The scholarly act of boiling well-being down to the mission of social work in 2011 is by way of embracing Aristotle, and Thomas Aquinas, and the Dalai Lama; promoting well-being means doing what it takes "…for human beings to flourish given their nature" (93). Aristotle in particular linked the human need for virtue in "biology"; and it was clear for the ancient philosopher that virtues were not a "means to human flourishing" but rather virtue actually constituted the flourishing of humans (93). Meantime sixteen hundred years later Aquinas posited that that there were three basic types of good (in Christian theology) that were present and inherent in human nature. All three defined our "telos" (the ultimate end of human nature).
The three types of "good" that were inherent that Aquinas put forward began with the statement "Like all animals, it is a good for us": a) to "maintain ourselves in existence"; b) "to reproduce ourselves and care for our offspring"; and c) in contrast to other creatures living on the Earth, it is also a good for humans to "develop and use the powers of rational thought, and, in consequence, to know and love God (Aquinas, 1981; Williams, 2005) (Adams, 93-94).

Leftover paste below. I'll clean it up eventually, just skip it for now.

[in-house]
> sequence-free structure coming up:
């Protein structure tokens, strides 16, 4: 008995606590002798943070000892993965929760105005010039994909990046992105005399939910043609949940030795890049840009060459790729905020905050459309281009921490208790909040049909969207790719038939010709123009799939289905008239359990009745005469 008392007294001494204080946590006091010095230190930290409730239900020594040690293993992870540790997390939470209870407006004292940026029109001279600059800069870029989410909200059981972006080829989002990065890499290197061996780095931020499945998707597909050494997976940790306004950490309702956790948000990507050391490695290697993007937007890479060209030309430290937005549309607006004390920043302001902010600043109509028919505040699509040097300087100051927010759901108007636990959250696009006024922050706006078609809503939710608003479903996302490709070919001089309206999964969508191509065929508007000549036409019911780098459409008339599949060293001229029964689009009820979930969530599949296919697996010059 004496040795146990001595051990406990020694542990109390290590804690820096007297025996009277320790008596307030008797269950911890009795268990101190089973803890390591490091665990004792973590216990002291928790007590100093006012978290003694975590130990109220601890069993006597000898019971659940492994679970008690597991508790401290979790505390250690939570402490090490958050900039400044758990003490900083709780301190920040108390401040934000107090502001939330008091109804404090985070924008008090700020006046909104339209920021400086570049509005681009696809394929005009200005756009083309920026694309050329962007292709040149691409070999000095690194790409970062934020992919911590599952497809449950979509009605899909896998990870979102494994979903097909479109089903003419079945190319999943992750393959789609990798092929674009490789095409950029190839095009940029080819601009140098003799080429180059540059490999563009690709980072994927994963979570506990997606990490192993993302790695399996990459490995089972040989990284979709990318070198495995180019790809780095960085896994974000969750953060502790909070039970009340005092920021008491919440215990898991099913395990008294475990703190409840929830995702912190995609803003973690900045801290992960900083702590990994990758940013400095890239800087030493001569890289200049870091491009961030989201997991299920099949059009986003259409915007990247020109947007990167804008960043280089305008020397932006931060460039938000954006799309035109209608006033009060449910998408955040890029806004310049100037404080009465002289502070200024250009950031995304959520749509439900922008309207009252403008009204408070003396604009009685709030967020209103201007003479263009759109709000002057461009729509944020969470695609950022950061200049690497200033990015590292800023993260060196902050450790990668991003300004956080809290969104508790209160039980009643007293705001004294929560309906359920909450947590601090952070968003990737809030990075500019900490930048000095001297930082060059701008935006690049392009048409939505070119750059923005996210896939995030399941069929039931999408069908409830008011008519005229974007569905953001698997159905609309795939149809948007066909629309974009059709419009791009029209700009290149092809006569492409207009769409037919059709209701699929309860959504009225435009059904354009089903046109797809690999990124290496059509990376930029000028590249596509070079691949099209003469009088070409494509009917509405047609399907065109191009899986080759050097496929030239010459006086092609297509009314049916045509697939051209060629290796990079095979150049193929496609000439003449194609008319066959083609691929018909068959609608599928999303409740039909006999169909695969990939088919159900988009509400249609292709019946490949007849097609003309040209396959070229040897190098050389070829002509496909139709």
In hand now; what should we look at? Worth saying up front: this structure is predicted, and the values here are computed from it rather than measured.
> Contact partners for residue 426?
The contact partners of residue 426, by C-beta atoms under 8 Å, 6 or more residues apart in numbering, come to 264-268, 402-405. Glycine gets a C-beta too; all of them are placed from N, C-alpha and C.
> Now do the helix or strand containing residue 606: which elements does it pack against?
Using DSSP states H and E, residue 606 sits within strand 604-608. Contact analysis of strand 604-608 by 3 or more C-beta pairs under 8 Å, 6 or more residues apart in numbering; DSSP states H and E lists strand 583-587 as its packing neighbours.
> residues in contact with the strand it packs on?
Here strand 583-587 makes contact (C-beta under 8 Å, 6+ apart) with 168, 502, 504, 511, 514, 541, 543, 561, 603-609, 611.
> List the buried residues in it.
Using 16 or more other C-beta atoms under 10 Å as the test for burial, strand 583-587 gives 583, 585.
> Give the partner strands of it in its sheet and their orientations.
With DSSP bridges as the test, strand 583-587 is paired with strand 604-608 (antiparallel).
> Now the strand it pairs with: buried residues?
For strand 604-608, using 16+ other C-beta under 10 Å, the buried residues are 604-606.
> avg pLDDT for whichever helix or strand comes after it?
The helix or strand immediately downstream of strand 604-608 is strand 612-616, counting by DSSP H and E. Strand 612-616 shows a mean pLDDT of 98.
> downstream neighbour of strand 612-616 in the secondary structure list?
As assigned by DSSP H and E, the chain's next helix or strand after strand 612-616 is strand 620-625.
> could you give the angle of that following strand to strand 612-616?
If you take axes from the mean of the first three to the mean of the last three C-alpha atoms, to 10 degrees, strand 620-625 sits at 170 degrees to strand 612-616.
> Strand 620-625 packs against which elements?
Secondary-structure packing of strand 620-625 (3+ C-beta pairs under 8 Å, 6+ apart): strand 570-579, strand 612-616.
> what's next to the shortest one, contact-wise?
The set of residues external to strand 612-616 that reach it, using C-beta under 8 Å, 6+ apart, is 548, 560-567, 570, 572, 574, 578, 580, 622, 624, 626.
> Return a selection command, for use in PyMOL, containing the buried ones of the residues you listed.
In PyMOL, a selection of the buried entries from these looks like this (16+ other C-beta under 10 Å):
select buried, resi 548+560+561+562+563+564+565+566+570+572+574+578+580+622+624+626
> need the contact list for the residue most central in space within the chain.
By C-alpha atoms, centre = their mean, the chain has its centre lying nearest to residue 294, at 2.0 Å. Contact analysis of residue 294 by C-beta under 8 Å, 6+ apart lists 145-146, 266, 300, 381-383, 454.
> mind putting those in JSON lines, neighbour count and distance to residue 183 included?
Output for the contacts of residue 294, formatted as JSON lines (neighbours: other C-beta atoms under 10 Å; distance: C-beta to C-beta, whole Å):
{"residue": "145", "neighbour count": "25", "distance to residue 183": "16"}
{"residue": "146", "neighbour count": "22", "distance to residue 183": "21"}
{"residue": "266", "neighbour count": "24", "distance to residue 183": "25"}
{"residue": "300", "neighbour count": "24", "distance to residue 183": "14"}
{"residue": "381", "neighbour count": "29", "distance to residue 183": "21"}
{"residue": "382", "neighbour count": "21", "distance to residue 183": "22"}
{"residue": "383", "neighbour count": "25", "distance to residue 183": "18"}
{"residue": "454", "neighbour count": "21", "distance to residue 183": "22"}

On page 96 Adams references some common-sense applications to the "craft" of social work (using MacIntyre's Three Rival Versions of Moral Enquiry, 1990). The apprentice in any craft (say, woodworker, watchmaker, or physician) must learn what is required of the practitioner, and must "do what is best without qualification" in order to achieve the "highest standard of excellence"…